I think Andy Serkis' motivation he put into his character was a perfect fit. He played Gollum like an addict. Someone who needed his fix.
This is one thing I forgot to mention. Yes, "They are one: The Ring, and the Dark Lord." (FOTR) It's like they're married. They are "two and yet at the same time one." (Hunchback). So they are separate characters in the story, but their being and their entity are one and the same.
To this end they sent the 5 istarii in the guise of men, whilst they still maintained thier imortality thier powers were considerably weakened. As it was specifically stated they were not allowed to match thier power against sauron. In the state of men they also had the weakneses of men. This is most clear in saruman as his lust for the ring far predates his connection with sauron via the palantir. It is stated in the apendixes that Saruman specifically delayed the eviction of the Necromancer from Dol'Guldur so as to afford more time to search the rivers around the gladden fields for the ring. This is noted by Gandalf during the lord of the rings when he notices Isildurs armour on display in orthanc. However in unfinished tails some characteristics of the istarii are comented on most noticeably the fact that Saruman has been asked to take Radagast with him and even then he shows disdain and contempt for his weakness towards animals, this also shows an unwilling ness to co-operate with others towards an end, instead preferring to go it alone. This shows up later in Radagasts supposed corruption and his adandonment of his duties to commune with nature.
We know also that he is full of pride. This can be seen by his illusion of contestance with Gandalf for the leadership of the Istarii. This most likely starts from the creation of the order as it is deemed that he is the leader, but later Gandalf is forced into the order against his own will. Saruman feels that this is a challenge to his leadership as clearly the Valar are of the impression that Saruman is no match for Sauron alone and so requires aid from Gandalf, this plays upon Sarumans pride and his unwillingness to co-operate. This ill will is of course further exacerbated by Cirdans giving of Narnya, the Elvish ring of fire, to Gandalf over Saruman.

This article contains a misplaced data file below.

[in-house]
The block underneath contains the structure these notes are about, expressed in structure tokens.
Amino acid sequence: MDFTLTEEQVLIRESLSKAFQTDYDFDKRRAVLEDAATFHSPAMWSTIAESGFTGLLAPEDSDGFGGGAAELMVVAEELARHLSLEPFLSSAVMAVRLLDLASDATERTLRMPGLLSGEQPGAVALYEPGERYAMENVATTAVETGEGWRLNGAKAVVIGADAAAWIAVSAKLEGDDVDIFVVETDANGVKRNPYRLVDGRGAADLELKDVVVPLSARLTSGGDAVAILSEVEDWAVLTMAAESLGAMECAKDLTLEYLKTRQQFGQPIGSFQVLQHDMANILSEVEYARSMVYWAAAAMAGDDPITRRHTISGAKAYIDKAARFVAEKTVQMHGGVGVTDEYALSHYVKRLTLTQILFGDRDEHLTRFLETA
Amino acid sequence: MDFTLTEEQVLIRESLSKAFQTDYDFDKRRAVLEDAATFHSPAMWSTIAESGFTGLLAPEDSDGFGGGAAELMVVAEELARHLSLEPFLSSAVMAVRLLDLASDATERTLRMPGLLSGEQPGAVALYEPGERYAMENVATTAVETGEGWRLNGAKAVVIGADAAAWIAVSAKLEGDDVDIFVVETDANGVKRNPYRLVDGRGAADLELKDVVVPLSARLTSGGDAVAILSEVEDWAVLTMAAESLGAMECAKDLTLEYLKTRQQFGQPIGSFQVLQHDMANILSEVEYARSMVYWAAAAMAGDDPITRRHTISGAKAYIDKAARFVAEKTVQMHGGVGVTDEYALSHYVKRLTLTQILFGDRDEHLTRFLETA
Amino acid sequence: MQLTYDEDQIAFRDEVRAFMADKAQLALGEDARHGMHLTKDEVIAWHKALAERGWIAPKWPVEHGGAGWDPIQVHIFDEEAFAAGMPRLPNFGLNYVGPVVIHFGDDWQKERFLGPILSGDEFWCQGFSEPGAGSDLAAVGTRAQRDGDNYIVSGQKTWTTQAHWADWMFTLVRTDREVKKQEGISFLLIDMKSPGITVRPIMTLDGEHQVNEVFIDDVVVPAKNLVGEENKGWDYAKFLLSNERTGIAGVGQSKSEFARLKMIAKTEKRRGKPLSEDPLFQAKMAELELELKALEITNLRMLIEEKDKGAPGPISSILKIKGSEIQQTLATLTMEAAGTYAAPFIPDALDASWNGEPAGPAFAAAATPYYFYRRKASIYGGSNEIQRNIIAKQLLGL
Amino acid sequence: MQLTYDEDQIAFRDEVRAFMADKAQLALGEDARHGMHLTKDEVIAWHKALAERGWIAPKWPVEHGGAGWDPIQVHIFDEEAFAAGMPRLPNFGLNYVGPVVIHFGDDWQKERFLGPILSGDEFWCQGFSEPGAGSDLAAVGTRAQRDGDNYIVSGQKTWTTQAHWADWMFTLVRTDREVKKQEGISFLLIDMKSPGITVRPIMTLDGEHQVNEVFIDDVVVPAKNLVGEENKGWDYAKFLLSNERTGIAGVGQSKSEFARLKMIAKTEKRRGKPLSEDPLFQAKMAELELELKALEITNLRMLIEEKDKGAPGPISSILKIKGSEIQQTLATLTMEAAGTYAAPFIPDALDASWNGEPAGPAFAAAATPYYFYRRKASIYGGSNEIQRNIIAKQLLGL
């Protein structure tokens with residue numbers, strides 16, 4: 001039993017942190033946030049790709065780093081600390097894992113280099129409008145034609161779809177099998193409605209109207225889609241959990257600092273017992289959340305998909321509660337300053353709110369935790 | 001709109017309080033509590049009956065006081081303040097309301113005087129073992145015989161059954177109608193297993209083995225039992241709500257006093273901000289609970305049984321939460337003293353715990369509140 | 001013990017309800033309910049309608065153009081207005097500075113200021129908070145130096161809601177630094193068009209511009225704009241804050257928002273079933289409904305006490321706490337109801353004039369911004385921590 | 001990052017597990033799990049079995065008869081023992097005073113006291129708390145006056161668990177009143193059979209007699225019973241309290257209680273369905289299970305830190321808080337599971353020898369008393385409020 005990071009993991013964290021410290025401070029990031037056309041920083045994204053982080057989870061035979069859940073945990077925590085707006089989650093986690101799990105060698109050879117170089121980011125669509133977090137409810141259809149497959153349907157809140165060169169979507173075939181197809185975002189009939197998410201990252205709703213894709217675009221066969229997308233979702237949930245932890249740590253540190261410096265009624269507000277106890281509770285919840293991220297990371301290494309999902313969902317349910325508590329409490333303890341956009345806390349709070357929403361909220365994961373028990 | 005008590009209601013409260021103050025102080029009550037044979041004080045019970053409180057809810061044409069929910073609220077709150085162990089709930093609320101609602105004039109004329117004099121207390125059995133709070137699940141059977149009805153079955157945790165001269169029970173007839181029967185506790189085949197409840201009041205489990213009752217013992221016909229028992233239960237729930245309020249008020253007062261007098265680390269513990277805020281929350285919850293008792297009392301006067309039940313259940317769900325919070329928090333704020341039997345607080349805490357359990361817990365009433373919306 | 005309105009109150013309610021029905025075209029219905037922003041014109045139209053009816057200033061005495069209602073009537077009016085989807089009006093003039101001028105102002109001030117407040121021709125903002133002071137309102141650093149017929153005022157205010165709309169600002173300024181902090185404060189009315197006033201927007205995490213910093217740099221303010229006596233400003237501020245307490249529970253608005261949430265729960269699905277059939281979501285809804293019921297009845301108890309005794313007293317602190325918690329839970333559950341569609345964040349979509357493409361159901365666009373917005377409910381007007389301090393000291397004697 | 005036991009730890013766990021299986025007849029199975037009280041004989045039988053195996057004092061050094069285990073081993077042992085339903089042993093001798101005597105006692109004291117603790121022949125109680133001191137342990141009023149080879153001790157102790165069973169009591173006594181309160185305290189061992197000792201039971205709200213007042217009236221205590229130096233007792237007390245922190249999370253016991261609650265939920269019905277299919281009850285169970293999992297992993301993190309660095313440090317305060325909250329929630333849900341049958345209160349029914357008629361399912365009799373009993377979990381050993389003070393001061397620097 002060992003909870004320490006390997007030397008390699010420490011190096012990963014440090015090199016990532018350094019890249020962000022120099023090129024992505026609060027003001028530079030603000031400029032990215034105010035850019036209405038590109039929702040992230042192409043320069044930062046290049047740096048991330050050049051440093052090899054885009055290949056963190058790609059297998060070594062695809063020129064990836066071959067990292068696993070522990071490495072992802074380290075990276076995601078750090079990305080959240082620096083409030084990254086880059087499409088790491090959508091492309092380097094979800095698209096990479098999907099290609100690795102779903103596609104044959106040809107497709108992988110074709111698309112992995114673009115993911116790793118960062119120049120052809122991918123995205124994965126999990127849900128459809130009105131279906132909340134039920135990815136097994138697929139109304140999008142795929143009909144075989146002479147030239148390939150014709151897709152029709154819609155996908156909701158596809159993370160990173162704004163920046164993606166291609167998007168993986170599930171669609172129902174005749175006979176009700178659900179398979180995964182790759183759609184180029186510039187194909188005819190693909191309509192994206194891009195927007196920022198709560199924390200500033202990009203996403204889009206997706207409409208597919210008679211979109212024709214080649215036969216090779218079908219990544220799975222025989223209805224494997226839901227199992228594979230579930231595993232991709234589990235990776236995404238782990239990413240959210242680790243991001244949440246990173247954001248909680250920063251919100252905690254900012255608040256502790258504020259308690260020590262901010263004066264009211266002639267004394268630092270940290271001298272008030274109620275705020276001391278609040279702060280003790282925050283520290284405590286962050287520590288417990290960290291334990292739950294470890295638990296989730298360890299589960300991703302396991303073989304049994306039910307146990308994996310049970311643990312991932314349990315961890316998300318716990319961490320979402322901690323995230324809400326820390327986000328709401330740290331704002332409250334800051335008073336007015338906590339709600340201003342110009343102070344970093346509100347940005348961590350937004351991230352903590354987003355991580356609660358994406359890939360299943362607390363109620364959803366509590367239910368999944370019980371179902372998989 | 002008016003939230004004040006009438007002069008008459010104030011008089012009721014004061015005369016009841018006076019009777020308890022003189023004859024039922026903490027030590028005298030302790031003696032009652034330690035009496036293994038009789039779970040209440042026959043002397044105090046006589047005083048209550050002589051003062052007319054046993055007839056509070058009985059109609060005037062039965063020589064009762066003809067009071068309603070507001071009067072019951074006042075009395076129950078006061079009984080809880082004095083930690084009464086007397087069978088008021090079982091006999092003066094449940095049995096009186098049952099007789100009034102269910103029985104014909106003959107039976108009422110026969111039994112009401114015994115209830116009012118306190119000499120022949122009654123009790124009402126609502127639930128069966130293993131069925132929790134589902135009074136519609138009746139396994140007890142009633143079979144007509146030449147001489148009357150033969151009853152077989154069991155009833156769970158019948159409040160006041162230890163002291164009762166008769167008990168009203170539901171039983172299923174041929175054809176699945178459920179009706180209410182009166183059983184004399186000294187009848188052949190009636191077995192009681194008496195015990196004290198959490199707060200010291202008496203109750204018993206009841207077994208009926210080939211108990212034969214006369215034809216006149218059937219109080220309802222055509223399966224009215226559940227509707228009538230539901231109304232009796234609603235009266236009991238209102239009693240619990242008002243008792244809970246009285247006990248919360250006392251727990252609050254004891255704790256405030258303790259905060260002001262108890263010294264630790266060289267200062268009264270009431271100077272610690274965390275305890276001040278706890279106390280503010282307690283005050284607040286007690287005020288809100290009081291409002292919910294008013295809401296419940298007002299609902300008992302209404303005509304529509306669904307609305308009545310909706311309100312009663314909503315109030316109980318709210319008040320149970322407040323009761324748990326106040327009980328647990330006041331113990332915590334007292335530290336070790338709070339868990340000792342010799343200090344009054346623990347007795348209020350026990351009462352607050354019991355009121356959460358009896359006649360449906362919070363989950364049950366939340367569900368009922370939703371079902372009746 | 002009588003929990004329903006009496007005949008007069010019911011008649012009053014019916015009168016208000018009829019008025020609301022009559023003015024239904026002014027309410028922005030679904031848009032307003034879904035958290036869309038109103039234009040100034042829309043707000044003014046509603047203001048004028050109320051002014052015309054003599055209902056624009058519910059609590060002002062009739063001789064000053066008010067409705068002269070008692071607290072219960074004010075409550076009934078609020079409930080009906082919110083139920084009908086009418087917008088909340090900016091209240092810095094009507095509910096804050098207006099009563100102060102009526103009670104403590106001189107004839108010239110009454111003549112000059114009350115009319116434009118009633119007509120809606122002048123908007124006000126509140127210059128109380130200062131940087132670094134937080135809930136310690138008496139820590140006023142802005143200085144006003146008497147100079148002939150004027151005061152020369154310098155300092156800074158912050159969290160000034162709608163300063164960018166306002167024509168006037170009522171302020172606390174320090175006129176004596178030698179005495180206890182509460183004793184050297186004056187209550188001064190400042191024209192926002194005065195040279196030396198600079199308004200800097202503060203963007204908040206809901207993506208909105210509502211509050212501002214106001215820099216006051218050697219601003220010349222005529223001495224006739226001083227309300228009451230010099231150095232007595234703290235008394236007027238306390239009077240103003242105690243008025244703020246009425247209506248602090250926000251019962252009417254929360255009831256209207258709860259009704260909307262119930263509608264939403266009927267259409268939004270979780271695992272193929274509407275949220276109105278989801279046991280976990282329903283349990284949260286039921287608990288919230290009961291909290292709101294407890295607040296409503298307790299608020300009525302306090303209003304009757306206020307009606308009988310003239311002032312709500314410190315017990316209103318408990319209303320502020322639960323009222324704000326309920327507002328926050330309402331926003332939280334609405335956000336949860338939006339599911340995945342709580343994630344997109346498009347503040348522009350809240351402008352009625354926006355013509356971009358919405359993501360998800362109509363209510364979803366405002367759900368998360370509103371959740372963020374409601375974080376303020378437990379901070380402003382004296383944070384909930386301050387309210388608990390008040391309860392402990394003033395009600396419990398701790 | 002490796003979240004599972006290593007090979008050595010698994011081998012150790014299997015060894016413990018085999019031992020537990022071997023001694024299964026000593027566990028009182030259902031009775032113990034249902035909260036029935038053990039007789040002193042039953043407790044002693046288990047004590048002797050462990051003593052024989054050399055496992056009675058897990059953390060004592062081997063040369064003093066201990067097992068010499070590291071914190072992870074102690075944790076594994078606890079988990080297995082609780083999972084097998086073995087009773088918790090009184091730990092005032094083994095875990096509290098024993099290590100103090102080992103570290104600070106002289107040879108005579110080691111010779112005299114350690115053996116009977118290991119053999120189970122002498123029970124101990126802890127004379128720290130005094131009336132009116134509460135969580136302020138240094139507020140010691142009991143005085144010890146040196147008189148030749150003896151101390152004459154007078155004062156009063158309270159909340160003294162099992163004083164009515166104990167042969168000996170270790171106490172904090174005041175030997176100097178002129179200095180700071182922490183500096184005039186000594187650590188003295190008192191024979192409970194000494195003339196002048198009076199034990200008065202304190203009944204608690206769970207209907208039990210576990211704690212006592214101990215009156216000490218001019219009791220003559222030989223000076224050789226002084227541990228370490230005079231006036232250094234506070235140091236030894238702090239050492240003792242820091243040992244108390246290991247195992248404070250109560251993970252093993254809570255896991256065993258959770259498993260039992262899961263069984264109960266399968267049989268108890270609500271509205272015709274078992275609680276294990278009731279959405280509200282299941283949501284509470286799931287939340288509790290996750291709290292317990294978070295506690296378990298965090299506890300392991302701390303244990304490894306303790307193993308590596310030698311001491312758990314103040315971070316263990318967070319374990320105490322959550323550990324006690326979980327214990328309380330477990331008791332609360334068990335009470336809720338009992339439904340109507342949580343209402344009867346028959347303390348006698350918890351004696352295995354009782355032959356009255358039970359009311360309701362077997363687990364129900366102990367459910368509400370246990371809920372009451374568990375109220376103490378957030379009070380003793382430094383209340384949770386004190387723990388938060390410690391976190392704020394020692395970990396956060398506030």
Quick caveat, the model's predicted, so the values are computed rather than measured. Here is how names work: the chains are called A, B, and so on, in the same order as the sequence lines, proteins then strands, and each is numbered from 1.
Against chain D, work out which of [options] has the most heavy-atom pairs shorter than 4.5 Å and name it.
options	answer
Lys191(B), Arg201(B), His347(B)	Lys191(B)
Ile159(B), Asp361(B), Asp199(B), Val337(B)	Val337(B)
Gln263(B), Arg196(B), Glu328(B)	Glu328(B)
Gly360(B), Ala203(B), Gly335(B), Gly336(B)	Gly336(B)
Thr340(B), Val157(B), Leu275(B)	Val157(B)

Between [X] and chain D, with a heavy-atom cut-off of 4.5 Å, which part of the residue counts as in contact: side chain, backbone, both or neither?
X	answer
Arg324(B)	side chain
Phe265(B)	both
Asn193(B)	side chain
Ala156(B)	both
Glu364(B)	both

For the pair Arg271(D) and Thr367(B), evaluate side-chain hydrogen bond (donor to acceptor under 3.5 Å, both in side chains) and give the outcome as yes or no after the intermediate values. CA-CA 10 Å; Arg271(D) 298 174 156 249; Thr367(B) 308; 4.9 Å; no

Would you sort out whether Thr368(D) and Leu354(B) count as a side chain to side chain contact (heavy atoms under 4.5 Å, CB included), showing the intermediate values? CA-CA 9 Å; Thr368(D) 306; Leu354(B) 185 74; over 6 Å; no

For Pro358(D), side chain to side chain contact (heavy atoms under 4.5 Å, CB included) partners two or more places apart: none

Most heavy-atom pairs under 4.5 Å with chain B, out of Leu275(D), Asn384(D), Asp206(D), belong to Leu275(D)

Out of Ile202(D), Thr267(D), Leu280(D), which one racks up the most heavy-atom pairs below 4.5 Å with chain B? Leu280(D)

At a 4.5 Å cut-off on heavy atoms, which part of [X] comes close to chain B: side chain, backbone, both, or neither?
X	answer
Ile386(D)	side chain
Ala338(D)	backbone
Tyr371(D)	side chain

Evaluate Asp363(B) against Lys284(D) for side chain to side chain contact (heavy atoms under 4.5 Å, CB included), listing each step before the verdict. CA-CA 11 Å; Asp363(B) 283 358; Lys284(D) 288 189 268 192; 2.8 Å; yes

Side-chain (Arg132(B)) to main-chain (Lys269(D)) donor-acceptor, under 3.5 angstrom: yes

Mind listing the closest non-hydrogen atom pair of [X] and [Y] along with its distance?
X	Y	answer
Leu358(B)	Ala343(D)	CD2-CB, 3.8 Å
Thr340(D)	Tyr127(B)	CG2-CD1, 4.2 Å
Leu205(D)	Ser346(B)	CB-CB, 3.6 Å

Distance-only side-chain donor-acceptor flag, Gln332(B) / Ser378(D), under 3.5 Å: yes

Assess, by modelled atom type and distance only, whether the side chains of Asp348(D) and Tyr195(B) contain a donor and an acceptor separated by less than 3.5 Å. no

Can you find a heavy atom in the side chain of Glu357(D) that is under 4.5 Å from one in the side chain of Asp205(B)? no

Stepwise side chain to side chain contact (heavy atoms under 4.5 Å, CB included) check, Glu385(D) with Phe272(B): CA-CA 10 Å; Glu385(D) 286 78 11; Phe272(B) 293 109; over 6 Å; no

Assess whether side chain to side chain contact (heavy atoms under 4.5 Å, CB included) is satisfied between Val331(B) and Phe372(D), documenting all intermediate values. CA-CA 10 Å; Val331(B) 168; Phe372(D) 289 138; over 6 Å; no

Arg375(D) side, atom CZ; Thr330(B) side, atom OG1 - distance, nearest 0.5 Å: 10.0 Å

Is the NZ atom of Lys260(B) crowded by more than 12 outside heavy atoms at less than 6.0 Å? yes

So we know of his character that even as a maiar he had no love for nature and was very proud, this perception being honed by his human spirit to a lust for power and dominion over lesser people. However as a man his powers were confined and so it is no surprise that he could not withstand saurons might.
Gandalf on the other hand was the only Istarii who had no desire to go to middle earth he only went under the specific command of Manwe. This may explain his ability to stick to his duties most of all the istarii as he wishes to return to Aman, the only way to do so is having defeated Sauron for good.
It is interesting to note that in all this Saruman was selected to go to middle earth by Aule imply that he was a Maiar of Aule and so of the same background as Sauron himself. It is also noted that Saruman voluntered along with Alatar, one of the blue wizards, to go where as Gandalf was specifically selected by Manwe despite professing to being scared of Sauron. This implys that Saruman would have many of the same traits as Sauron, he is also of the opinion that he is a match for Sauron. showing his characteristic pride and perhaps some oversight. Gandalf on the other hand exhibits the ability to overcome adversity, real or imagined, and so earn his victory.
I dont know if what I have said is helpful, relevant or even coherent as I seem to have rambled but nvm.
Gollum starts his acquaintance with the ring with violence - Bilbo doesn't. So you might say that the Ring gets a head start on Gollum.
That's an interesting point, but I feel that in the end it is somewhat irrelevant. Neither Saruman's military might nor his "mental powers" were superior to Sauron (UT-The Palantiri). So regardless of Saruman's native power when in Valinor, he as an Istari was weaker than Sauron (who had himself lost some of his native power, though for different reasons).
[quote:2cd878qs]when he notices Isildurs armour on display in orthanc.[/quote:2cd878qs]
I'm afraid I don't recall that, do you know when it was?